One key to getting work done is buy-in. In this week’s spotlight on positive global news we feature Ecuador, where municipalities started a successful conservation program by asking people how much they would be willing to pay for their water.
1. United States
The entire West Coast now has access to early earthquake warnings after Washington state was added to the mobile alert system. First launched in Los Angeles, the system began notifying cellphone users in 2018. Because modern telecom systems can send messages faster than shock waves move through the ground, the alerts offer users crucial seconds to prepare for the shaking – enough time to find shelter or to drop, cover, and hold on.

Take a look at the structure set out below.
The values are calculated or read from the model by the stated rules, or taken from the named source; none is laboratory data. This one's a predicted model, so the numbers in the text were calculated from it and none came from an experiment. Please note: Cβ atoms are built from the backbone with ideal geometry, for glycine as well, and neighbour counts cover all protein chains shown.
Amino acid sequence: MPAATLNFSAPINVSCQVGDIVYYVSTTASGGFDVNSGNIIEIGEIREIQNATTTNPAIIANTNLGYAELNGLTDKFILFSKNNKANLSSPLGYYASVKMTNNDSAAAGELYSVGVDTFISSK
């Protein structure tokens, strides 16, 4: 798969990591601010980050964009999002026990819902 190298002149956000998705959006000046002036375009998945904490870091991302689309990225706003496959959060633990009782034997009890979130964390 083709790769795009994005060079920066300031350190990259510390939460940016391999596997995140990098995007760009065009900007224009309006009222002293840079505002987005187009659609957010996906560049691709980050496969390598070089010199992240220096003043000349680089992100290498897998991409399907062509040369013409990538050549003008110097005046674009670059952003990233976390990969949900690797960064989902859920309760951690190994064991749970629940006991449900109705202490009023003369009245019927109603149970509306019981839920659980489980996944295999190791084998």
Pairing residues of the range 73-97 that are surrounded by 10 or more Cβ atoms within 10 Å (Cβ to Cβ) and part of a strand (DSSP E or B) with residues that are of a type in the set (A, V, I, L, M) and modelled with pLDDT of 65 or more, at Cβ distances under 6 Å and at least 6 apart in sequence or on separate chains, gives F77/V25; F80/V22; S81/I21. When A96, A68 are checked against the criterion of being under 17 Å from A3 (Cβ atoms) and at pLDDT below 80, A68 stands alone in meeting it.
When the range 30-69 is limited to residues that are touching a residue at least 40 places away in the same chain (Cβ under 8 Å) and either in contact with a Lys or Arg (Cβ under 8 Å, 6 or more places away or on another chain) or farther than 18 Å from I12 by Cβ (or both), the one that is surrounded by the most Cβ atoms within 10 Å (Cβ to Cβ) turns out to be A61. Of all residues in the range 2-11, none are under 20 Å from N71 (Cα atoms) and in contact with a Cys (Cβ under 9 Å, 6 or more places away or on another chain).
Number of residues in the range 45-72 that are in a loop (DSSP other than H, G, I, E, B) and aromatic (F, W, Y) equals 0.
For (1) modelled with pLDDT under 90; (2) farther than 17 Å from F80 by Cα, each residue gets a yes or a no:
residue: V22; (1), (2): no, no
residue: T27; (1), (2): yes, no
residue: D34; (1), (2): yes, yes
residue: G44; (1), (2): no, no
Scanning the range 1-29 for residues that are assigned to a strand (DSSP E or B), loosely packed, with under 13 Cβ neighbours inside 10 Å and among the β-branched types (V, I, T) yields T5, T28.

Why We Wrote This
Our progress roundup this week highlights the power of cooperation. By banding together, Ecuadorian towns are improving water access and quality. And in the Netherlands, a patchwork of bee-friendly initiatives is stabilizing populations.
More than 50 million people living in the most earthquake-prone region of the country now have access to the early alerts, which are issued automatically to Android operating systems or through a number of mobile apps, such as MyShake and QuakeAlertUSA. The U.S. Geological Survey is also working to complete its seismic station network by late 2025, adding sensors to rural parts of the West Coast and ultimately improving alert times.
Los Angeles Times, USGS